• Over time, the changes to be made to section 7874 probably will prove to be not particularly far-reaching, other than the regulations curtailing “spinversions.” These regulations also appear to be within the Congressional grant of regulatory authority to the Executive branch, and so are unlikely to be successfully challenged in the courts.
     
     
    • The anti-hopscotch regulation to be issued under section 956(e) and the regulations to prevent the decontrol of a controlled foreign corporation under the authority of section 7701(l) could be the most effective part of Treasury’s effort over the long-term.  The regulations to be issued under section 956(e) appear to rest on relatively firmer statutory authority than those to be issued under section 7701(l).
     
     
    • The regulations to be issued under section 7701(l) are a rather bold move to enlarge subpart F by regulation, and they are critical to the success of the Treasury’s effort. If a CFC of an inverted U.S. group can be decontrolled, then section 956 can be avoided. In the past, the Treasury has aspired to expand subpart F by regulation and was forced to abandon that effort under pressure from Congress and the private sector.[12] History shows that determining the proper boundaries of subpart F is a highly political process, and all in Congress may not agree with the Treasury’s approach in this case.
     
     
    • The Treasury’s authority to rely on section 7701(l) to effectively expand subpart F also may be challenged in the courts. Although the Supreme Court’s 2011 decision in Mayo Foundation for Medical Ed and Research v. United States[13] increased the judicial deference due Treasury regulations, it is at least plausible that a court could find the regulations invalid, particularly given the relatively narrow language of the statute.
     
     
    • Overall these regulations do not significantly limit the opportunity that an inversion provides a multinational group to develop and grow non-U.S. operations beneath a new foreign holding company thereby avoiding U.S. tax on those earnings over the long run. U.S. multinational groups with substantial non-U.S. operations, particularly in the technology and life sciences industries, are likely to continue to find inversions accomplished through the acquisition of a smaller foreign entity to be attractive should a suitable partner be available.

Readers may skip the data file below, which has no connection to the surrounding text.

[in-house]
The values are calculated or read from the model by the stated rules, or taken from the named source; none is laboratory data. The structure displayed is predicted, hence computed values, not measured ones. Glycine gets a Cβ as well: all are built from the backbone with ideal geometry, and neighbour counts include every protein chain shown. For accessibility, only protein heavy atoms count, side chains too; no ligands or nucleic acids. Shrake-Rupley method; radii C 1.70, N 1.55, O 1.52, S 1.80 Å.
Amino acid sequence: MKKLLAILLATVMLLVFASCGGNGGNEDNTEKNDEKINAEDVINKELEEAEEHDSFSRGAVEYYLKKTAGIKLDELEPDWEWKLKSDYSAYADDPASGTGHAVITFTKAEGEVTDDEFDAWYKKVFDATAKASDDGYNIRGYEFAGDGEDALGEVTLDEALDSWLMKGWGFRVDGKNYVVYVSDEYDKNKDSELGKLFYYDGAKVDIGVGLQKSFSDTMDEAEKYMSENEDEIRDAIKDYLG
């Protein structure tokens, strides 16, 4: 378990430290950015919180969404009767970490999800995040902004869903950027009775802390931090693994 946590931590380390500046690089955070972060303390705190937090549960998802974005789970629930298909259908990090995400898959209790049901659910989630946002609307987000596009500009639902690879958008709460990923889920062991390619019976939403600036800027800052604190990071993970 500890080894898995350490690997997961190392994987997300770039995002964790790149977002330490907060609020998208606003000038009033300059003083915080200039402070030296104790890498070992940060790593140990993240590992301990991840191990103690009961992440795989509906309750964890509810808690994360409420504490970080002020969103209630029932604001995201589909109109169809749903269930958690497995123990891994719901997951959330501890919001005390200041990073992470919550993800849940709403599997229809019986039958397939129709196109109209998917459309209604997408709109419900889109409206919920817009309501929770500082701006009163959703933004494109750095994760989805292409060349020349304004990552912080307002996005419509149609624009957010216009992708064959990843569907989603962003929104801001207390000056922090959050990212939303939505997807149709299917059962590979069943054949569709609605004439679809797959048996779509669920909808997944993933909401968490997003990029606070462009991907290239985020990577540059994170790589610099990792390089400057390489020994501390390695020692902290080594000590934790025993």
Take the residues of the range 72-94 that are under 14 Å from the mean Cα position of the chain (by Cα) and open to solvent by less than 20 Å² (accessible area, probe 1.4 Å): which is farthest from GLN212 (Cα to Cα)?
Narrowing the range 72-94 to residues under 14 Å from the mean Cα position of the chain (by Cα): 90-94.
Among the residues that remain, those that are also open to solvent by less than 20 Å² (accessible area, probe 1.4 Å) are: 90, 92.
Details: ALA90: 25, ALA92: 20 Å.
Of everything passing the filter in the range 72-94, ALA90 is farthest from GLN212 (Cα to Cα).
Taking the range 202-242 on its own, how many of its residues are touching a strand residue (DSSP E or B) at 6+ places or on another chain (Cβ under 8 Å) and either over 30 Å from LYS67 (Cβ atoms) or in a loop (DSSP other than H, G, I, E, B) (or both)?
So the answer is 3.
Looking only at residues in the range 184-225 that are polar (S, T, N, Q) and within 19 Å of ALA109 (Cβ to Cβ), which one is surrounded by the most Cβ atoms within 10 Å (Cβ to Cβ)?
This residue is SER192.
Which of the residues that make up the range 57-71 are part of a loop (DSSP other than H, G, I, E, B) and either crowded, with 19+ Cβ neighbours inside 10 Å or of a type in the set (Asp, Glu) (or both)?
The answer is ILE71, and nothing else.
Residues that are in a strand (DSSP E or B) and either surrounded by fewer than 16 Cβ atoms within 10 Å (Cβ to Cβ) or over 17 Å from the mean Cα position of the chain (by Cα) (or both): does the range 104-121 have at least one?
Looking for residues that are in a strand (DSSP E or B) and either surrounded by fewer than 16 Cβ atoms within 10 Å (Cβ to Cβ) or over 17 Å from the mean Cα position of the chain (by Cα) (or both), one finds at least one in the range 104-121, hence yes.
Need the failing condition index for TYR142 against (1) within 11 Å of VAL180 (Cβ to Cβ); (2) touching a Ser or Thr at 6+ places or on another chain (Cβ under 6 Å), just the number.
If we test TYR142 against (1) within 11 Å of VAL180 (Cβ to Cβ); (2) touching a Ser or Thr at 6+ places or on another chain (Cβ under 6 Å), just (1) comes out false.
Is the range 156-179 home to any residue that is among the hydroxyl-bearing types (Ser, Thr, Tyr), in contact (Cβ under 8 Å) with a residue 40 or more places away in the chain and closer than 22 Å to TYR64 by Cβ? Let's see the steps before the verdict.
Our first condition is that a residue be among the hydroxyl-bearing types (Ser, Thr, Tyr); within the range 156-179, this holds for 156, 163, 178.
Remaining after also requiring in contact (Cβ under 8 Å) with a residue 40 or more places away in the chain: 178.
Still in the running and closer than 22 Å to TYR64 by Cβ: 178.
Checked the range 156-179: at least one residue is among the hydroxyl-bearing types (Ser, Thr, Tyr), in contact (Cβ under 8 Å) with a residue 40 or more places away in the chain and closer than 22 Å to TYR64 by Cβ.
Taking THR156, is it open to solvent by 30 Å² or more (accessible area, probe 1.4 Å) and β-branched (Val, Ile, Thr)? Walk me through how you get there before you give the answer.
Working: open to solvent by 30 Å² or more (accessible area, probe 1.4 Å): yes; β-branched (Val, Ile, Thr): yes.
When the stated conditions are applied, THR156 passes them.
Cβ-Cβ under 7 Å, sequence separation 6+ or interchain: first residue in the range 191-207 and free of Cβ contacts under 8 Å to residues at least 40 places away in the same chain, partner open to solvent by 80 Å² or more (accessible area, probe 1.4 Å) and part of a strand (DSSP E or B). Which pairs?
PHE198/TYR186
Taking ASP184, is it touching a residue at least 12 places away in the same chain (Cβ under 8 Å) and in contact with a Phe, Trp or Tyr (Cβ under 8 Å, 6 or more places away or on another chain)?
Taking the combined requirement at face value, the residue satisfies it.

[1] The regulations under section 367 were not withdrawn when section 7874 was enacted and continue to apply today.
    [2] Section 7874(a)(2)(A)(i).
    [3] Section 7874(a)(2)(B).
    [4] Section 7874(b).
    [5] “Inversion gain” is any income or gain recognized by reason of the expatriation transaction and certain gain and licensing income recognized by the expatriated entity during the 10 year period.  Section 7874(d)(2).  Inversion gain may not be reduced by tax attributes such as net operating losses or foreign tax credits.
    [6] On September 11, 2014, Senator Charles Schumer of New York introduced legislation to apply stricter earnings stripping rules to inverted companies (The Corporate Inverters Earnings Stripping Reform Act of 2014).
    [7] A "non-ordinary course distribution" means the excess of all distributions made during a taxable year by the domestic entity with respect to its stock (or partnership interests) over 110 percent of the average of such distributions during the 36 month period immediately preceding taxable year. Distributions include dividends, redemptions of stock, and cash distributed in certain acquisitions and reorganizations.
    [8] Foreign group nonqualified property will be defined to include, inter alia, cash and marketable securities.
    [9] Section 956(e) authorizes regulations to prevent the avoidance of the provisions of section 956 through reorganizations.
    [10] A CFC is defined as a foreign corporation if more than 50 percent of the combined voting power or the value of the shares of the foreign corporation are owned by United States shareholders. A United States shareholder is defined as a U.S. person that owns, directly or indirectly, 10 percent or more of the combined voting power of the shares of the foreign corporation.
    [11] Section 7701(l) provides: “The Secretary may prescribe regulations recharacterizing any multiple-party financing transaction as a transaction directly among any 2 or more of such parties where the Secretary determines that such recharacterization is appropriate to prevent avoidance of any tax imposed by this title.”
    [12] In 1998, the IRS proposed regulations to curtail the use of hybrid entities to avoid subpart F.  See Notice 98-35.  That Notice was withdrawn in 1999.
    [13] 562 U. S. ___ (2011).